Here is a nice piece about the fast pace of world growth, and whether or not it can continue.
MOST people cannot remember when the world economy last grew so rapidly. The International Monetary Fund now reckons that real global GDP is likely to increase by 5% this year, its strongest pace for a generation. That growth has been led largely by the twin engines of robust consumer spending in America and booming corporate investment in China, but Japan's recovery has also been stronger than expected this year and even the euro area has perked up. Emerging economies as a group are enjoying their fastest growth for at least 25 years. It would hardly be surprising, therefore, if the world economy slowed next year. But will it slow gently or crash into a wall?
The IMF expects global growth to run at a still healthy 4.3% in 2005. Other official organisations, such as the OECD, the Federal Reserve and the European Central Bank, are also optimistic about the health of the global economy over the coming year. We hope that they are right. But history suggests that when things look so rosy, one should always ask "what might go wrong?". There are four main risks: higher oil prices, a slump in America's consumer spending, a global house-price bust, and a hard landing in China.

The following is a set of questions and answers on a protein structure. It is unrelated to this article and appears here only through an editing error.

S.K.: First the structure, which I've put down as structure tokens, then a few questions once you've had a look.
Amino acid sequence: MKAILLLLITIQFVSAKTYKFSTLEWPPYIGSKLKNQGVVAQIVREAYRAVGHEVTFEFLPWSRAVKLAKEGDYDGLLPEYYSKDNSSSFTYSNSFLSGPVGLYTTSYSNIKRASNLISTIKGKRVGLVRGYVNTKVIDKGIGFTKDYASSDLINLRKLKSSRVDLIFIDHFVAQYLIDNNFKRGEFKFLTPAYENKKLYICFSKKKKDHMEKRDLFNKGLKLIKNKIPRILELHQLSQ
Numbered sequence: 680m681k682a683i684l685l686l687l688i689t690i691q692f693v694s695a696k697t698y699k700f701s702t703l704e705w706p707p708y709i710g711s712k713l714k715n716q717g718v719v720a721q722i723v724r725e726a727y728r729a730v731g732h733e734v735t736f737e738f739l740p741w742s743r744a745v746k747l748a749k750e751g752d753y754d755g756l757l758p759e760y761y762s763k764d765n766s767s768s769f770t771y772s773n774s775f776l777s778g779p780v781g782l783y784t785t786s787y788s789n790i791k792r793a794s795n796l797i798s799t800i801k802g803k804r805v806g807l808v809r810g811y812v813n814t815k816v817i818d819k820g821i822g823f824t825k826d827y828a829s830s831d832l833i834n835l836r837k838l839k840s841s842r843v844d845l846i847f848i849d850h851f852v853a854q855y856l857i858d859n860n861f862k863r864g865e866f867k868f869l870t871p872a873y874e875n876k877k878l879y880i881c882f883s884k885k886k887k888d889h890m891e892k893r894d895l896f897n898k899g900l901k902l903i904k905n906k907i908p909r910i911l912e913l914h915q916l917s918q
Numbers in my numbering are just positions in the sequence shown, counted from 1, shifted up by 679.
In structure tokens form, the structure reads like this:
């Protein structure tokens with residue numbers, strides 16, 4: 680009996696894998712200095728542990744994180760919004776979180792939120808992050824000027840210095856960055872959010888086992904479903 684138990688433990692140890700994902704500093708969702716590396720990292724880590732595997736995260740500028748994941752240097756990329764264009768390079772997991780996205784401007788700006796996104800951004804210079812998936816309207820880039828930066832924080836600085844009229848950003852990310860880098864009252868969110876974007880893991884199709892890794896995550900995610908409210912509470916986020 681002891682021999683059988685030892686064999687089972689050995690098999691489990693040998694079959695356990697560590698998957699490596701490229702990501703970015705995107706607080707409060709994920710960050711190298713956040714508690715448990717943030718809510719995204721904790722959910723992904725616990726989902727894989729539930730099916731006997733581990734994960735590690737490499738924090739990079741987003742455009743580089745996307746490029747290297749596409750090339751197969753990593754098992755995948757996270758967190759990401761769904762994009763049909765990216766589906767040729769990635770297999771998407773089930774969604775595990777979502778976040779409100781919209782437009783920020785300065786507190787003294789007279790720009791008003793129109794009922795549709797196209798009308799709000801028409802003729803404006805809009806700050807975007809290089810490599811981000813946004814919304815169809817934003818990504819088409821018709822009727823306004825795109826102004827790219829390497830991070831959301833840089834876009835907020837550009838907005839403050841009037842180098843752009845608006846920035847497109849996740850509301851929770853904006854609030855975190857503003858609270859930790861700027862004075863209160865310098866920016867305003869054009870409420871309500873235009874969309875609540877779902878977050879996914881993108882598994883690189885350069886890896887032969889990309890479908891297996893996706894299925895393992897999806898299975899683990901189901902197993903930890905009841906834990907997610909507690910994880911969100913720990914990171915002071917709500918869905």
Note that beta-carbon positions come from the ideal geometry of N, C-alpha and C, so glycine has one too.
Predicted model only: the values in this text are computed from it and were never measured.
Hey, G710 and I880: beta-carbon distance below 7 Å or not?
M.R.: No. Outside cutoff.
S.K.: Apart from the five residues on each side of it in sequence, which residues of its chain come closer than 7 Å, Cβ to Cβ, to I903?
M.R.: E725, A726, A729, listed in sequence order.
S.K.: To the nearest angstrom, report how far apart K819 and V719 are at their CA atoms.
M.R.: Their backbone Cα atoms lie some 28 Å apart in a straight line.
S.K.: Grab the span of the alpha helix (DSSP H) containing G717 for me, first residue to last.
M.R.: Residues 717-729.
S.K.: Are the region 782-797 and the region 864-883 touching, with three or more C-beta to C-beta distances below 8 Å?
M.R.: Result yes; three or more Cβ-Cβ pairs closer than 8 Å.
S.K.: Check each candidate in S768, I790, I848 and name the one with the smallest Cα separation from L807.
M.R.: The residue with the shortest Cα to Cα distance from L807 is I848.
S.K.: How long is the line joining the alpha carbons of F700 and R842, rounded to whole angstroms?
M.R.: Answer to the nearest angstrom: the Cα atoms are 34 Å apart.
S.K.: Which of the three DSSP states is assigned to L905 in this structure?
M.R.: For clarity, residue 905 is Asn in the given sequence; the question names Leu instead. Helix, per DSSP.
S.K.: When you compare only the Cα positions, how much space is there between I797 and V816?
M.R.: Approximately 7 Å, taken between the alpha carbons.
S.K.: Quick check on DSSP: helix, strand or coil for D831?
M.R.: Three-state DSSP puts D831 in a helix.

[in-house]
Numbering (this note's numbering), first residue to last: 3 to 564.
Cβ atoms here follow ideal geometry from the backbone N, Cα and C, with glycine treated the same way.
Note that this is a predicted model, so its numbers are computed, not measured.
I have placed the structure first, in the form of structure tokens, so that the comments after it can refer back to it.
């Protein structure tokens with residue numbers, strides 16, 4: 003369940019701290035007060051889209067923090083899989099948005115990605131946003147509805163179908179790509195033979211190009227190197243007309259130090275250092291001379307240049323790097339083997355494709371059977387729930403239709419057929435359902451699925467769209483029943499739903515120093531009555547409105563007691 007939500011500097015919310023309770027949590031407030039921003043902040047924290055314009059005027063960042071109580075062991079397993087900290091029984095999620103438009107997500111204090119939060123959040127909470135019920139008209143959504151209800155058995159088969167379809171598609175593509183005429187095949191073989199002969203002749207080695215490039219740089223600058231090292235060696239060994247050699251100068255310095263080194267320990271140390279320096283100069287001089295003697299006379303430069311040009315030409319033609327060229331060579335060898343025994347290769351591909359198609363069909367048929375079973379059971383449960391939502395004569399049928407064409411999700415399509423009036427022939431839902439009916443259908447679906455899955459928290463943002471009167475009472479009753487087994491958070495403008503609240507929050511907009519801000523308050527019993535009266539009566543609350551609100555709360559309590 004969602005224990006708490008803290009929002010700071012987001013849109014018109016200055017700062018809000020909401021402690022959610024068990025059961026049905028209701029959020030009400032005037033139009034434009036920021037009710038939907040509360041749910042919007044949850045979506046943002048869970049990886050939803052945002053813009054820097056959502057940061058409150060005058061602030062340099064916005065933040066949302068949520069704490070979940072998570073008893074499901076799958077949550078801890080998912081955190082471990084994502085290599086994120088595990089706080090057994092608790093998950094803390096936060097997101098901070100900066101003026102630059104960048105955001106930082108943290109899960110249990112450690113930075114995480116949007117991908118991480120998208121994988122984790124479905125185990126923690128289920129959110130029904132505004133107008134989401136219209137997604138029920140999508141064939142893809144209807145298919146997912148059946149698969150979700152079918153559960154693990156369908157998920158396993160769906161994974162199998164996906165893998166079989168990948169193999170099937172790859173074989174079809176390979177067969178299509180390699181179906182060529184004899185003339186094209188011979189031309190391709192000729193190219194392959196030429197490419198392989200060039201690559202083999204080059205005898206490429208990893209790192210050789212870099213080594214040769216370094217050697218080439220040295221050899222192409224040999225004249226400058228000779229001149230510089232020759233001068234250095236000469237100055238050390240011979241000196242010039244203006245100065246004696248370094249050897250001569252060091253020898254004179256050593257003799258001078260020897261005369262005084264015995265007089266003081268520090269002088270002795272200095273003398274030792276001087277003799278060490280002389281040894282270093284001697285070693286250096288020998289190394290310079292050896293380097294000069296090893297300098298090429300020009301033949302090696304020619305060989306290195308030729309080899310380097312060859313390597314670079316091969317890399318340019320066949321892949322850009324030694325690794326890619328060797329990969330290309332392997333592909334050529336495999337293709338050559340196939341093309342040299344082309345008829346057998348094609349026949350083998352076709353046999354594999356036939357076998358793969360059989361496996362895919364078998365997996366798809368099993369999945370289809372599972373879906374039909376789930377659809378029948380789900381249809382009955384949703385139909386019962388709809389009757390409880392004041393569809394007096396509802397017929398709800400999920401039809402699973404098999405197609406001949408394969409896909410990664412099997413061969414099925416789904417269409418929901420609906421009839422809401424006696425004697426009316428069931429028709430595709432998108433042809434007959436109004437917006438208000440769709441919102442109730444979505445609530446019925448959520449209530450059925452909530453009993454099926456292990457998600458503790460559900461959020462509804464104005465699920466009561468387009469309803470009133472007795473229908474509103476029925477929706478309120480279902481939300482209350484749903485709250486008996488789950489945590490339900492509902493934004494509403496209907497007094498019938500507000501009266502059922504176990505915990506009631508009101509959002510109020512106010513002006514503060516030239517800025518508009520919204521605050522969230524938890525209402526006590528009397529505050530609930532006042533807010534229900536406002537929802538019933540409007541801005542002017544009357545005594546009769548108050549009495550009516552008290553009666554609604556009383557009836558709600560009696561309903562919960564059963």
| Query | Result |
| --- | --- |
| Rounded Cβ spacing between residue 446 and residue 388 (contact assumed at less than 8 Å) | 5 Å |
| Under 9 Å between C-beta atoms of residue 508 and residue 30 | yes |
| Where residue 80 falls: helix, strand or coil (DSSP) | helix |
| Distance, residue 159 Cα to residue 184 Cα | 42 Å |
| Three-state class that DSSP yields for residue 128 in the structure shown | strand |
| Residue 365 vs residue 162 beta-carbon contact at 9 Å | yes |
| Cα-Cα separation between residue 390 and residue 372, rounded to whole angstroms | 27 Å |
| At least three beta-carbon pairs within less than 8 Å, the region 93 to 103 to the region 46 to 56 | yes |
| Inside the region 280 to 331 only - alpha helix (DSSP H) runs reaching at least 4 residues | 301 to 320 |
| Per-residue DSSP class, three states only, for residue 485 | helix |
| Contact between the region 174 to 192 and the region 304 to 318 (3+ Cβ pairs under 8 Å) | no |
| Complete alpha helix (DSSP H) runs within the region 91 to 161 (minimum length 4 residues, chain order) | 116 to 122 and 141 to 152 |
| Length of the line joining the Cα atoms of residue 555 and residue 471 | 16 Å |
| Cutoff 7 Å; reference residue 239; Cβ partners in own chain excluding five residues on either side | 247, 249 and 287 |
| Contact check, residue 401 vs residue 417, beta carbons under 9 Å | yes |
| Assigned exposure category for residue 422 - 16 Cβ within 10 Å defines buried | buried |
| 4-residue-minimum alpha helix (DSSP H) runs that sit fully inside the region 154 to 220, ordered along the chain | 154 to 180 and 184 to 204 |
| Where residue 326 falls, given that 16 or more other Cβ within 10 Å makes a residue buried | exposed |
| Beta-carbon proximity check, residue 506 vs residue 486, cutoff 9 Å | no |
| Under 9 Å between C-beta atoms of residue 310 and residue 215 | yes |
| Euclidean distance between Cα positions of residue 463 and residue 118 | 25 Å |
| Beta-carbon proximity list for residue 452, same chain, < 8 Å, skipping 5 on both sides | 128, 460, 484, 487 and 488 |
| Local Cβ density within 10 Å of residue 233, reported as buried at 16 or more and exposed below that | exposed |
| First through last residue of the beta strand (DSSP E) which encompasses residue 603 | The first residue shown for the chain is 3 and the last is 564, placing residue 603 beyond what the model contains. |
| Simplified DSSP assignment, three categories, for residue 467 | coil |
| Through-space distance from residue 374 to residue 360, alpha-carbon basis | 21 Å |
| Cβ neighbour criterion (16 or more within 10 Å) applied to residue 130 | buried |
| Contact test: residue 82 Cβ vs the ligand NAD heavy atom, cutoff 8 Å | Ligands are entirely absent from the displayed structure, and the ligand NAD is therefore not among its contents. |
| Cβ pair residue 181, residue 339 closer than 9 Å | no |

The thing that worries me most – a slump in consumer spending. Americans can only take on so much more debt. But, like most economic issues, if the response is appropriate the pain for us all is minimized. Given that neither candidate for President right now has shown any great understanding or skill in the economic arena, maybe we should be worried.